Online anonymity-granting systems such as The Onion Router (Tor) network can be used for both good and ill. The Dark Web is possible only because of online anonymity. The Dark Web poses a dilemma. Illegal markets, trolls and online child abuse rings proliferate due to the technology of Tor and other similar systems. However, the anonymity provided by such systems gives cover for people in repressive regimes that need the protection of technology in order to surf the Web, access censored content and otherwise exercise their genuine right to free expression. In other words, Tor is basically a neutral tool that can be used for either good or ill. Whether the technology is worth it depends upon the net effect. Unfortunately, the costs and benefits of a system like Tor are not evenly distributed globally. The ills tend to cluster in liberal countries, while the benefits tend to cluster most in repressive regimes. Shuttering anonymity networks is not a viable long-term solution, as it will probably prove ineffective and will be costly to those people that genuinely benefit from these systems. Rather than being a solely technological problem, this paper argues that the issue posed by the Dark Web, enabled by anonymity-granting technologies, is a social one. Just as peace and order are maintained in our offline lives through judicious policing, the same principle should apply online. The networks of the Dark Web need to be more actively policed, especially in liberal democratic countries. Online policing, as shown by the take down of illegal marketplaces such as Silk Road and child pedophilia rings, is actually possible, and both as effective and as expedient as offline policing. More movement in the direction of judicious online policing can minimize the socially damaging costs of anonymity-granting technologies, while still allowing the benefits of such systems. It is not the ideal solution, but it is likely the best that can be done.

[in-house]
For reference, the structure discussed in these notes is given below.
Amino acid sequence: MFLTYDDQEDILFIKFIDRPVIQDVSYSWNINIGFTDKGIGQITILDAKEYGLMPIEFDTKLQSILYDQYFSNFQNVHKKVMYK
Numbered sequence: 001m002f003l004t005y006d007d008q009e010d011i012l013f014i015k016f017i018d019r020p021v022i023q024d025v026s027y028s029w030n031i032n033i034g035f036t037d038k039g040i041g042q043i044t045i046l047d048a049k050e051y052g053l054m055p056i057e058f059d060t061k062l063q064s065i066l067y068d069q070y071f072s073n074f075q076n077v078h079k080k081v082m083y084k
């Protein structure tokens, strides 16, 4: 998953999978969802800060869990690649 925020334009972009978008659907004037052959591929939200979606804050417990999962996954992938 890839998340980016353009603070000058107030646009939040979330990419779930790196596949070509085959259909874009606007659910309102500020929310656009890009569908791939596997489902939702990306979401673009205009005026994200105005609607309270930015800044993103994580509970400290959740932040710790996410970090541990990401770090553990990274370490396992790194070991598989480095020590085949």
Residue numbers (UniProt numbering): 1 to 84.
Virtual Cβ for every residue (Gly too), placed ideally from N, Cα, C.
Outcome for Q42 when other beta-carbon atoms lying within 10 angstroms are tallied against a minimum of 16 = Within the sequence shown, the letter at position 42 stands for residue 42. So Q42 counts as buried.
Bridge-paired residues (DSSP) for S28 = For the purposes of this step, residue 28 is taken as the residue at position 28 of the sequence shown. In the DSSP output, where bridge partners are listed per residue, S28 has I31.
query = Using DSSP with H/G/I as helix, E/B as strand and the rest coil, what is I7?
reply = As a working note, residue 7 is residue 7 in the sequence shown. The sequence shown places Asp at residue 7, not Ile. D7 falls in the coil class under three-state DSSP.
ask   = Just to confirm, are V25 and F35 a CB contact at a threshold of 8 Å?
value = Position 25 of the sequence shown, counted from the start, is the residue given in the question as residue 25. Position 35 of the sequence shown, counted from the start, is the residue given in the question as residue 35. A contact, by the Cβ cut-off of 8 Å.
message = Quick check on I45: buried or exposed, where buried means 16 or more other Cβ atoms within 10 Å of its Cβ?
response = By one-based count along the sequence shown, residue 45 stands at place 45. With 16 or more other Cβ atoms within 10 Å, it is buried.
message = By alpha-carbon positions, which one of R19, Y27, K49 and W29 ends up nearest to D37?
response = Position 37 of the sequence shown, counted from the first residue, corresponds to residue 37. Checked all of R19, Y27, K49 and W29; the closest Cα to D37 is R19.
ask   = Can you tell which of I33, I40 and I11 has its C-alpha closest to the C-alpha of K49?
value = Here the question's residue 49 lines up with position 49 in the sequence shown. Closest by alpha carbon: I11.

October 8, 2015 | Permalink

Wednesday, October 7, 2015

A New Book on Hate Speech and Citizenship, Forthcoming From Eric Heinze

Eric Heinze, Queen Mary University of London School of Law, is publishing Hate Speech and Democratic Citizenship (Oxford University Press (2016). Here is a description of the book's contents.